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Rava and the Rich "Poor" Man

Rava and the Rich "Poor" Man

Ethics 3:7

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Rabbi Elazar of Bartota said; “Give to G‑d from that which is His, for you and everything that is yours are His. And so it is said by Dovid: ‘For all things are from You, and from Your own we have given You.’” (Avot 3:7)

“What are you accustomed to eating?” Rava asked.
“What are you accustomed to eating?” Rava asked.
Rava was the head of the large and famous Yeshiva in Mechoza, one the most important Torah centers in Babylon.

Not only was Rava learned, he was exceedingly kind and charitable. All the poor people knew that if they went to Rava, they could be sure of a generous donation.

One day Rava was approached by a beggar who seemed to be different from the others. He was very well-mannered, and a look on his face indicated that poverty was new to him. He had come from a good family, been educated in the Torah, and most of his life he had lived like a rich man.

Only recently his fortune had taken a turn for the worse, and he had lost all his wealth. He had become so poor that he barely had a piece of bread to keep himself alive.

“Please can you give me something to eat?” he asked Rava.

“What are you accustomed to eating?” Rava asked, for the mitzvah is that we should support a person in the manner to which he or she has been accustomed.

The man sighed. “To tell you the truth, I used to eat fat stuffed chicken, and drink sweet old wine.”

Rava was surprised. If this man had such expensive tastes, he would find it hard to get a meal. How did he expect others to take care of him better than they took care of themselves?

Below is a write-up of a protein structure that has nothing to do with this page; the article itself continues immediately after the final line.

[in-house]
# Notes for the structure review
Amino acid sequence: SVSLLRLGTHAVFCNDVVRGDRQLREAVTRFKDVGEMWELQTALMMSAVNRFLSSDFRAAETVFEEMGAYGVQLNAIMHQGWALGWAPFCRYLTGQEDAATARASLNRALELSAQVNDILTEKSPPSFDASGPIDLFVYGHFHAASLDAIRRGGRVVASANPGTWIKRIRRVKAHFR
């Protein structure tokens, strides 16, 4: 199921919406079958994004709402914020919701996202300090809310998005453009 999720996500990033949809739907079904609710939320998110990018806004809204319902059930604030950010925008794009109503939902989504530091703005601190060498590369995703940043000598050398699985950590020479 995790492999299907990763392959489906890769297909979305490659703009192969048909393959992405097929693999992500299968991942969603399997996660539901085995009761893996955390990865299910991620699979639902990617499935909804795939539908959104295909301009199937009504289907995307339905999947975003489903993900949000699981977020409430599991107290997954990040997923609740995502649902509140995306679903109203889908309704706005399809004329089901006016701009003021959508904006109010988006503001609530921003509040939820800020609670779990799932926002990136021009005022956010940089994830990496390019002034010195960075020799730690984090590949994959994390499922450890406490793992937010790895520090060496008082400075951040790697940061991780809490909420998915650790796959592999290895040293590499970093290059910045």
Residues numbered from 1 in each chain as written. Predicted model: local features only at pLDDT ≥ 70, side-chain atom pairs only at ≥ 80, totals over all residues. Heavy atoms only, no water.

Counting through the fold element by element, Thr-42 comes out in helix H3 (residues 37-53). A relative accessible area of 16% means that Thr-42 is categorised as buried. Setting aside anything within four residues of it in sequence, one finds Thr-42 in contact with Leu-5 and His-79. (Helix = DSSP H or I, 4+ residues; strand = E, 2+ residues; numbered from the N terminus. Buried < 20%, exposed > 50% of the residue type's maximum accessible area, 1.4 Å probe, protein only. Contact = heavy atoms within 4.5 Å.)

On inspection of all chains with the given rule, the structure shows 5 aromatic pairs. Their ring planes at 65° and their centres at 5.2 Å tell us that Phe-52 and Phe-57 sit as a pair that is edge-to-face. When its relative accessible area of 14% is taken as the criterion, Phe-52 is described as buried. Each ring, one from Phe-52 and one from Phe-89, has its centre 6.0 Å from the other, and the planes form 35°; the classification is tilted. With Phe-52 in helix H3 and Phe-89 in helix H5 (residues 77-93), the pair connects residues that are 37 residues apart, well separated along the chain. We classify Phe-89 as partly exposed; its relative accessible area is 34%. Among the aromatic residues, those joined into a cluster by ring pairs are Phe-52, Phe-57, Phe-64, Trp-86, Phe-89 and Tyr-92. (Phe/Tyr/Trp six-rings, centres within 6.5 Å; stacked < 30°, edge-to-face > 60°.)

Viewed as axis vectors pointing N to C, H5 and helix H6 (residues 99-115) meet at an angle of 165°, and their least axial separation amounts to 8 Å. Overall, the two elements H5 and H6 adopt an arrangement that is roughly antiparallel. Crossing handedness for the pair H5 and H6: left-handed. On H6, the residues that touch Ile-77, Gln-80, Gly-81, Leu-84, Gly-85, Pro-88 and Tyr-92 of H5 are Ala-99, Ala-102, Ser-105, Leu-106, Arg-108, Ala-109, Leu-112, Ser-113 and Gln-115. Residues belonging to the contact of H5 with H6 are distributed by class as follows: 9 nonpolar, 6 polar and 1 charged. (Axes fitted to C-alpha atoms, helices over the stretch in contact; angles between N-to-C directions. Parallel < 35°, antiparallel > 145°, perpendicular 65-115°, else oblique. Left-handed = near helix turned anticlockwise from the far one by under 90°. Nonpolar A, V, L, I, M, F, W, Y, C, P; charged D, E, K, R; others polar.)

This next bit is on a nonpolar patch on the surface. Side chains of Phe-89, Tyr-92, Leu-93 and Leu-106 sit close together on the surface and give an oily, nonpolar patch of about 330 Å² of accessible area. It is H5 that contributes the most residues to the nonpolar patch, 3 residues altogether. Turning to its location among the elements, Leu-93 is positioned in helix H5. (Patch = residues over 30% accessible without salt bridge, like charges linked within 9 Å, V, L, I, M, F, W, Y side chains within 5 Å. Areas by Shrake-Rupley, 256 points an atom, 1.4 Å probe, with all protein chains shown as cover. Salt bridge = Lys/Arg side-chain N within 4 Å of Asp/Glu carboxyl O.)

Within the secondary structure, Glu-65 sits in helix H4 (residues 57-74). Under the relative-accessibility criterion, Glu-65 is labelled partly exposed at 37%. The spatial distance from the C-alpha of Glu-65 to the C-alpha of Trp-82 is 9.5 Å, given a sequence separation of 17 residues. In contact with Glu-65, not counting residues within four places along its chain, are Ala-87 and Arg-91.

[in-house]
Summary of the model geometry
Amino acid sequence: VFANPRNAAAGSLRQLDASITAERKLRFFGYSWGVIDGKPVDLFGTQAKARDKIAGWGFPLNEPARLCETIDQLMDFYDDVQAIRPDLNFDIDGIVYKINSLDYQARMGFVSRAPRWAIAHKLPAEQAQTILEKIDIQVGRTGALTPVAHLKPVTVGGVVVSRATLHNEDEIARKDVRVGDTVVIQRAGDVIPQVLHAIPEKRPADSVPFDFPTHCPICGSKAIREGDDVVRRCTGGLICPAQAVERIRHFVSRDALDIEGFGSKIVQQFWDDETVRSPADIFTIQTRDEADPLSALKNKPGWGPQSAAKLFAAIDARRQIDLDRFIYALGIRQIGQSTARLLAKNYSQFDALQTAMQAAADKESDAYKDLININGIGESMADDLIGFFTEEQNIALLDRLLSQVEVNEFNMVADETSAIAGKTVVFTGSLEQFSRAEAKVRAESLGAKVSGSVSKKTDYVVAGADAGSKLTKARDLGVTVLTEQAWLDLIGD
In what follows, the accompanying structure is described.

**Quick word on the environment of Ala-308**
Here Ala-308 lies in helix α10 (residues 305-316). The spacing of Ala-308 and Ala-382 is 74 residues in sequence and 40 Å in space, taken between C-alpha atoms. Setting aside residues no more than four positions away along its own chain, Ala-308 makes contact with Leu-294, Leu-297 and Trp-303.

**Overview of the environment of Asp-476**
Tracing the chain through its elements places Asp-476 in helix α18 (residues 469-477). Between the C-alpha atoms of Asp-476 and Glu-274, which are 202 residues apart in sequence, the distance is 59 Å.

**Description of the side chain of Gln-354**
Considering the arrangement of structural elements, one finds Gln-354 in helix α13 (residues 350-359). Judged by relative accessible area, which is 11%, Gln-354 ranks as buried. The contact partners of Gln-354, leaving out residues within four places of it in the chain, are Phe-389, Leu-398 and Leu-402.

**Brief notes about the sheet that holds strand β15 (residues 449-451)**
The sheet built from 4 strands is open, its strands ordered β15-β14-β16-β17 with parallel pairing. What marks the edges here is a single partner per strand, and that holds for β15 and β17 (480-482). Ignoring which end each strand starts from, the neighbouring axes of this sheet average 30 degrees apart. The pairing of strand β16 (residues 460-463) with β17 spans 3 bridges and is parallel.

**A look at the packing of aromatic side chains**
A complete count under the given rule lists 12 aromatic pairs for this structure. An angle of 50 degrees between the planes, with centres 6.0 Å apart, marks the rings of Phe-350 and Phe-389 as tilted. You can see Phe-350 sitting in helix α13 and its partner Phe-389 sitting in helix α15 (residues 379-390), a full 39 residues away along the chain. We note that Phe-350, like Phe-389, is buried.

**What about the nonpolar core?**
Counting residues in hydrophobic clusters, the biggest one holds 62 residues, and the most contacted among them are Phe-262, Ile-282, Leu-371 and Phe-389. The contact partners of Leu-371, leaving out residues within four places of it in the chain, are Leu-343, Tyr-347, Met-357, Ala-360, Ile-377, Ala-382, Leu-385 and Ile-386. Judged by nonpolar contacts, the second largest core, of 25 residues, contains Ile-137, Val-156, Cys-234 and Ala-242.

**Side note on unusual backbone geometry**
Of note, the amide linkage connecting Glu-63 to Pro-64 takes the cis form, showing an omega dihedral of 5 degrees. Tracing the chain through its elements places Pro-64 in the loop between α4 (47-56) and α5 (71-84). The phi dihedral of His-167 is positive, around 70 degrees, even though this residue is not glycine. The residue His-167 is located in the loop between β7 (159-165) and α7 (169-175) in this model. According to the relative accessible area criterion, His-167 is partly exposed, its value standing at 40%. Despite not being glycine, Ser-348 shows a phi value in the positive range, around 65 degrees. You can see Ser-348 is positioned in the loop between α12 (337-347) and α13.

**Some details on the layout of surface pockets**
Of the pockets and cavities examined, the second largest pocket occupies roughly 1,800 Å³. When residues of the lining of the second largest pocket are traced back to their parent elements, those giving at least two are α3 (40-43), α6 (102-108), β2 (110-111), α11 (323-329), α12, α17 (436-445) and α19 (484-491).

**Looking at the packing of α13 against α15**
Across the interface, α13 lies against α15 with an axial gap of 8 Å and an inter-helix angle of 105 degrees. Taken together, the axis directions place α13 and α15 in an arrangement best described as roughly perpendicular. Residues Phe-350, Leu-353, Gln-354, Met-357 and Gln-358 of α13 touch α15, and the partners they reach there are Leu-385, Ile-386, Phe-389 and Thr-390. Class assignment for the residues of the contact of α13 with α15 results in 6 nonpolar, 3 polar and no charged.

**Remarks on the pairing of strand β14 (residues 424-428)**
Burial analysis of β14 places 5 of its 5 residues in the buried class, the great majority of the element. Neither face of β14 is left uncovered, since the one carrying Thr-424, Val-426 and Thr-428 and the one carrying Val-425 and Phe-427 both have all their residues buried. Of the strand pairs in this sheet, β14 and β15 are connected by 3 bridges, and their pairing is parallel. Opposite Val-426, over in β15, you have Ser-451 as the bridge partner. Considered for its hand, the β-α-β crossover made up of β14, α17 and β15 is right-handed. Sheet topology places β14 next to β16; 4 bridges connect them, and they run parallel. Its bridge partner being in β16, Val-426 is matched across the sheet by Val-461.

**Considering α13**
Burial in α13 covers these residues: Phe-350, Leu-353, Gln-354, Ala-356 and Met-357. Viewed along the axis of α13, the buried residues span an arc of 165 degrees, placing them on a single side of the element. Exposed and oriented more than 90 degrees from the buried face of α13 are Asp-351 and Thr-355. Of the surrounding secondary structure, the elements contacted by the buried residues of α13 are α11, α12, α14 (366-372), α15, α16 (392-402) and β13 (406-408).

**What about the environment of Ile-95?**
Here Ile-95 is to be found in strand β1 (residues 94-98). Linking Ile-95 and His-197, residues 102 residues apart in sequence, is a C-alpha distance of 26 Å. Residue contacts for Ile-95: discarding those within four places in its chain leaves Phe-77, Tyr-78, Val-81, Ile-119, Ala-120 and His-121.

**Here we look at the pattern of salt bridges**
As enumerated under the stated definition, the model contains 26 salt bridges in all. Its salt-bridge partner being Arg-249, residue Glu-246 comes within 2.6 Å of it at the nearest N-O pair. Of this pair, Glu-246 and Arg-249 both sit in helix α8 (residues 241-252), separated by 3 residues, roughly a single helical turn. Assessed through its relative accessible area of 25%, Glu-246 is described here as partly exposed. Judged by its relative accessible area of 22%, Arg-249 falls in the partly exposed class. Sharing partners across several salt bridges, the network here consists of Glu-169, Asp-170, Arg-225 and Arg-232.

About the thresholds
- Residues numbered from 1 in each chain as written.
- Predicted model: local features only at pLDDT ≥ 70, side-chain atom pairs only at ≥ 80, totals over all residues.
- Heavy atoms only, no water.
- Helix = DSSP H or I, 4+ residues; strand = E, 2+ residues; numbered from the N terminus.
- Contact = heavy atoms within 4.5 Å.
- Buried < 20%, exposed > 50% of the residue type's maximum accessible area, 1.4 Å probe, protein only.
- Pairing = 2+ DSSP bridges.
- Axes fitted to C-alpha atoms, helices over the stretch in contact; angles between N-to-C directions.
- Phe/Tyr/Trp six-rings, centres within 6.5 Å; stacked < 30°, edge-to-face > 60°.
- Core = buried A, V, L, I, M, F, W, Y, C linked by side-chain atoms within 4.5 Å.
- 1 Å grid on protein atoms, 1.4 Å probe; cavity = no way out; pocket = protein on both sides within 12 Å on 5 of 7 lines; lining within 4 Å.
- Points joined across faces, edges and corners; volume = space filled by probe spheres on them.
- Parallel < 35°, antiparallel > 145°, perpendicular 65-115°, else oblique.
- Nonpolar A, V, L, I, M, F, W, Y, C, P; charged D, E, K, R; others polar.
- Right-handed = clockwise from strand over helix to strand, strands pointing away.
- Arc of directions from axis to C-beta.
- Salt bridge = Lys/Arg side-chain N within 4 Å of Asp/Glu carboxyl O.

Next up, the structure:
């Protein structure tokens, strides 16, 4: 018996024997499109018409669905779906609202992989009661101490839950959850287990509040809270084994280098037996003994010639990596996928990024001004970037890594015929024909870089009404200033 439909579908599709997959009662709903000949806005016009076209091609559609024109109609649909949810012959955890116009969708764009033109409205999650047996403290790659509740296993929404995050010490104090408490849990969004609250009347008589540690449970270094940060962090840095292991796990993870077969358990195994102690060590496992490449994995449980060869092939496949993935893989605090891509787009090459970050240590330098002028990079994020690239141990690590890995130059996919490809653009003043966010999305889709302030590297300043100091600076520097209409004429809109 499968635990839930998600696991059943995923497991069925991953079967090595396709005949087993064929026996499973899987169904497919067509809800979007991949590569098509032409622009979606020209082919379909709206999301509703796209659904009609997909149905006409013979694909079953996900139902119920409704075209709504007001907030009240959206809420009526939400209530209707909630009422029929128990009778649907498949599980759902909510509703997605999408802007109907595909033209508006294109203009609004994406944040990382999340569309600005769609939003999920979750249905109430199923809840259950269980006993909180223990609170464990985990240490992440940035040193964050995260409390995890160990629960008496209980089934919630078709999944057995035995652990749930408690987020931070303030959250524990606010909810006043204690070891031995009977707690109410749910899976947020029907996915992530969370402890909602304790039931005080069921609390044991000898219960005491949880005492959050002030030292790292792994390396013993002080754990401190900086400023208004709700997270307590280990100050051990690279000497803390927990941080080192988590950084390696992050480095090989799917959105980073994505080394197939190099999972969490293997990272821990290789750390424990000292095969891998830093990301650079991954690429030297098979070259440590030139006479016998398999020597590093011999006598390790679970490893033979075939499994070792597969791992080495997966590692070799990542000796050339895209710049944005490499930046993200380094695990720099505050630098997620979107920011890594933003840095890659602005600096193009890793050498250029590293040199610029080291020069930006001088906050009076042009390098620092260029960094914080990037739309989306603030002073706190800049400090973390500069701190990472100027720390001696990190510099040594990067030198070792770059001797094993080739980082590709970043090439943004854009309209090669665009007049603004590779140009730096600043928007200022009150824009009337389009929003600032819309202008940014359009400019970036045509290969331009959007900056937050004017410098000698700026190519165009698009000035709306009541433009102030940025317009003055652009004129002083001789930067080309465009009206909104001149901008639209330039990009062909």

“Perhaps it would be better if you satisfied yourself with a more modest diet,” Rava suggested mildly. “That way it would be easier for people to help you.”

“Why do you say that?” the poor man replied. “Am I asking for their food? I am only asking for food which is G‑d’s. Everything belongs to Him. He fulfills the needs of every person. If He wants, He will give people enough money for the food I need. I am a broken person now. I cannot eat coarse food that I am not used to.”

Rava marvelled at the man’s great trust in G‑d.

Just then, Rava’s sister walked in. He hadn’t seen her in thirteen years. She had come to pay a visit, and in her arms she brought a present for her brother. What do you think it was? A basket of fat stuffed chicken, and a bottle of sweet old wine!

“This is clearly meant for you,” Rava said to the poor man, and gave the food to him.

Rava was astounded. Here was a simple person, by no means a Torah scholar, and yet his faith in G‑d was so strong, that G‑d performed miracles to take care of him!

Courtesy of Tzivos Hashem.
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Taimoor RB Rawalpindi June 20, 2013

It was really an outstanding story to give knowledge about poor man's rights. Reply

Ethics of the Fathers is a tractate of the Mishna that details the Torah's views on ethics and interpersonal relationships. Enjoy insights, audio classes and stories on these fascinating topics.
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